In 2002, Anthony Faltz was the backseat passenger in a vehicle that hit another car, killing the two occupants. Anthony was not the driver, and at least five police officers on the scene confirmed that another man – not Anthony – exited the car from the driver’s seat. Nonetheless, poorly analyzed DNA evidence by the Government led Anthony to be charged as the driver. Anthony’s trial attorney spoke to no witnesses, subpoenaed no documents, and consulted no experts, relying simply on the Government’s representations that this was an unwinnable case. He told Anthony to plead guilty, incorrectly telling him that he would receive a much shorter sentence than he did. So, in 2006 Anthony pled guilty to involuntary manslaughter while maintaining that he was not driving the car. MAIP has been working on Anthony’s case since late 2015 using DNA testing and accident reconstruction experts to prove that Anthony was not the driver.
What do you remember about the day you were convicted?
I was all ready to go to trial. I knew I hadn’t done what they had accused me of doing. All of a sudden my attorney told me to plead guilty. I was surprised, but I was young and didn’t know what was going on, so I did what he told me.
What was your first day in prison like?
What is a typical day like for you in prison?
I’ve been taking classes [through a partnership with Howard University]. I just completed one called “Inside/Outside,” which is designed for guys getting released; talking about how to keep from getting mixed up in something that will land you back in prison. I also work with a case manager, helping with office work.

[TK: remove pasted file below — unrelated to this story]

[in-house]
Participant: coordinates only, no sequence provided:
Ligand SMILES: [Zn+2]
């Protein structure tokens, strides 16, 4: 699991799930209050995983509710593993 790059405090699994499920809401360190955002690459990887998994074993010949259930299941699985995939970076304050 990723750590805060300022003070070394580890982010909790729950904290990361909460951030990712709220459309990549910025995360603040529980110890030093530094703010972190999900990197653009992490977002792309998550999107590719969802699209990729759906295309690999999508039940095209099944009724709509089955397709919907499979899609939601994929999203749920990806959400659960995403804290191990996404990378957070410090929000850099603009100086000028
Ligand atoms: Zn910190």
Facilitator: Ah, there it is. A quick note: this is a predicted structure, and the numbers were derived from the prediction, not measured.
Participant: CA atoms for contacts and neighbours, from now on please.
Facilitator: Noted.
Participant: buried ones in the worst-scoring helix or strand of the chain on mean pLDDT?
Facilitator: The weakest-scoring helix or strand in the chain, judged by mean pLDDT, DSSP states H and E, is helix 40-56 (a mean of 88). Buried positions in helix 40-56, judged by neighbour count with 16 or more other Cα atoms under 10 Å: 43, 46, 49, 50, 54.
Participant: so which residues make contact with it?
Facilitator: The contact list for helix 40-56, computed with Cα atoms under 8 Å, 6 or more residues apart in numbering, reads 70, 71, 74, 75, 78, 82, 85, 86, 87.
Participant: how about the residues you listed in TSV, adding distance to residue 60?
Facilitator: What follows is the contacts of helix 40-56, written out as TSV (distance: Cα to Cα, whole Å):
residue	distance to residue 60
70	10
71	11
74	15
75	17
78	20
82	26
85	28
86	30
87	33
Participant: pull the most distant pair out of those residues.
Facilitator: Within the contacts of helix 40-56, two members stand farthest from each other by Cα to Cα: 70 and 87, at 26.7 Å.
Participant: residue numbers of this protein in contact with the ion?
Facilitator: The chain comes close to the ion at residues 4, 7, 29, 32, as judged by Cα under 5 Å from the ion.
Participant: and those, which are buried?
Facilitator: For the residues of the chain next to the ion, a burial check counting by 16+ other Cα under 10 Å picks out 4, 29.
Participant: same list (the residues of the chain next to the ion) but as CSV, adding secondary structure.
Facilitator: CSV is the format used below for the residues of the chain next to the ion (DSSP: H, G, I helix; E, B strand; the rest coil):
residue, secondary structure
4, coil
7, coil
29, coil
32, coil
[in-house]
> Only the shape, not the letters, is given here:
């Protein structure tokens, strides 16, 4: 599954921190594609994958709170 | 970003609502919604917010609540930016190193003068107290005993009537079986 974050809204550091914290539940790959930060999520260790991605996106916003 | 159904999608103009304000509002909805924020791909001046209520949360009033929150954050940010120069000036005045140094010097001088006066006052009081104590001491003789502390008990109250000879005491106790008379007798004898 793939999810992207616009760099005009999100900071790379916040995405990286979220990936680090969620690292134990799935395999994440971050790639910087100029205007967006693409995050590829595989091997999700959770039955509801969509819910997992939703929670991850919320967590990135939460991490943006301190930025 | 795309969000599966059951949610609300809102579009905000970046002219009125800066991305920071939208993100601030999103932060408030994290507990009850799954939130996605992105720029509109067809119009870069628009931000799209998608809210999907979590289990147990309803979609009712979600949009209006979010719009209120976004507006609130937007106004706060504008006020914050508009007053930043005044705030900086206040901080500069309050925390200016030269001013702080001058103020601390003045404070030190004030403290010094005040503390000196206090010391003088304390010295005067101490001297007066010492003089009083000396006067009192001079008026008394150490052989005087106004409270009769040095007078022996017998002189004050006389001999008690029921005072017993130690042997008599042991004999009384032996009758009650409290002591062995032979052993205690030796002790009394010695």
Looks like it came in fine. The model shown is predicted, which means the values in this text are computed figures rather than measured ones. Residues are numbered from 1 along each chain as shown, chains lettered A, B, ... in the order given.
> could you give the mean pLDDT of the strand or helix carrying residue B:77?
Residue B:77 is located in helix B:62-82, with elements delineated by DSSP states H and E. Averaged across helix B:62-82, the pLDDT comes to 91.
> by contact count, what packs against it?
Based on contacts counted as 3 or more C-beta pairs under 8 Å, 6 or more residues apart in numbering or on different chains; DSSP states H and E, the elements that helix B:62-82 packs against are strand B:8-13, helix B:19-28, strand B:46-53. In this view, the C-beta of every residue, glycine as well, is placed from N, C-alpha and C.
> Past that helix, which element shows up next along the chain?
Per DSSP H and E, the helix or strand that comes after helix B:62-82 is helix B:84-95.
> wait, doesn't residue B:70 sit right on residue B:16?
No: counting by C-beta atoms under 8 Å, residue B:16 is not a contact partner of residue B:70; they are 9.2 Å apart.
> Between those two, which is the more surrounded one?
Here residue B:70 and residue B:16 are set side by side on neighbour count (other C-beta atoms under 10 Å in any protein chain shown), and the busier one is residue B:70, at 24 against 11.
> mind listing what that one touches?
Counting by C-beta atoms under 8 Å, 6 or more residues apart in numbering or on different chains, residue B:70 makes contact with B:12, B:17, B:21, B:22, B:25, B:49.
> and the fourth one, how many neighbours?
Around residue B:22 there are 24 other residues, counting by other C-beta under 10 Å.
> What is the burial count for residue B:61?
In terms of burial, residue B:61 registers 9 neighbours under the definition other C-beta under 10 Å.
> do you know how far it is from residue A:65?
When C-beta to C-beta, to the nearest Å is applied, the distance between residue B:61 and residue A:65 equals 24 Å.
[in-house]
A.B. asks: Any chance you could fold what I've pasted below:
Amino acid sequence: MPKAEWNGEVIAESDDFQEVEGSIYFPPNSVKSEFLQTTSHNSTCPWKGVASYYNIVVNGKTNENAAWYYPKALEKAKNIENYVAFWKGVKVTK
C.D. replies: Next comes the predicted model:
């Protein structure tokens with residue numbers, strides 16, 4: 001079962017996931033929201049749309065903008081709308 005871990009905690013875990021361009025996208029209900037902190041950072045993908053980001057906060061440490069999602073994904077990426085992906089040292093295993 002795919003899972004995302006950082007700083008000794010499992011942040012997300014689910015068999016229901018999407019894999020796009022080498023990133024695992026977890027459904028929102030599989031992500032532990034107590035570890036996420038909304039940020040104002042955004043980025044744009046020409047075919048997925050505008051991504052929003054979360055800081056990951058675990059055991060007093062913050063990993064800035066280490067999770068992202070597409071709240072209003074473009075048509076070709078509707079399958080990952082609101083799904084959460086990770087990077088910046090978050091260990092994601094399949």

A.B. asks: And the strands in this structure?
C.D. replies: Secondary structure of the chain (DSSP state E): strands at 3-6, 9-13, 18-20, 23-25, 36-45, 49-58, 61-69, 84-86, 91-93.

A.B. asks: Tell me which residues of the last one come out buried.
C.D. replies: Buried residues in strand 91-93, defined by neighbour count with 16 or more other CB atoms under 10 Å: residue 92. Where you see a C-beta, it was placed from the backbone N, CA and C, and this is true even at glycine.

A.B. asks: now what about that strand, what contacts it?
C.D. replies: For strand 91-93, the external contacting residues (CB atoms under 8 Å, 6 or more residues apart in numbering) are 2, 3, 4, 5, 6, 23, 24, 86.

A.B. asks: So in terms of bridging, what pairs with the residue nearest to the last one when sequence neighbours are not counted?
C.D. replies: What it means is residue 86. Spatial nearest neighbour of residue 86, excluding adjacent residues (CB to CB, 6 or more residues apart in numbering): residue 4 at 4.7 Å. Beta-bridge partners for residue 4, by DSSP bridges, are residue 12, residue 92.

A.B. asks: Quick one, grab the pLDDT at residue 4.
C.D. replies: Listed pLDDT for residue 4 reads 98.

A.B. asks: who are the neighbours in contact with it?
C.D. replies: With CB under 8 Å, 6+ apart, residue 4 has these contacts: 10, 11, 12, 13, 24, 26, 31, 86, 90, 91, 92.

How often do you see/talk to your family? What are the best/worst things about visits?
I get to see my mom once or twice each month. She lives out in Maryland, but there’s a program that helps her travel to and from DC so she can come visit. I love getting to visit with my family, and it’s hard each time they have to leave. One of the toughest things about being here is not getting to see my family every day, my nieces and nephews growing up.
What do you miss the most?
I miss my family. I miss the mentoring program I was a part of. I miss being a cook at the Macaroni Grill.
What are Thanksgiving and Christmas like in prison?
Stressful. They don’t do anything to make it special. You know in your head that it’s supposed to be something special, but it’s just not like that in prison and it messes with you.
Anything you’ve learned from being in prison?
What helps you get through on a daily basis and overall?
My cellmate. He’s become a good friend.
Favorites: books, movies, TV, sports teams, music, hobbies (in or out)?
I read everything I can get my hands on. Currently reading “The New Jim Crow” and “Fire & Fury.”
When is your birthday?
What’s the first thing you want to eat if you get out?
Steak and lobster.
If you could tell people who are reading this one thing, what would it be?
Don’t judge a book by its cover.
Help free Anthony here.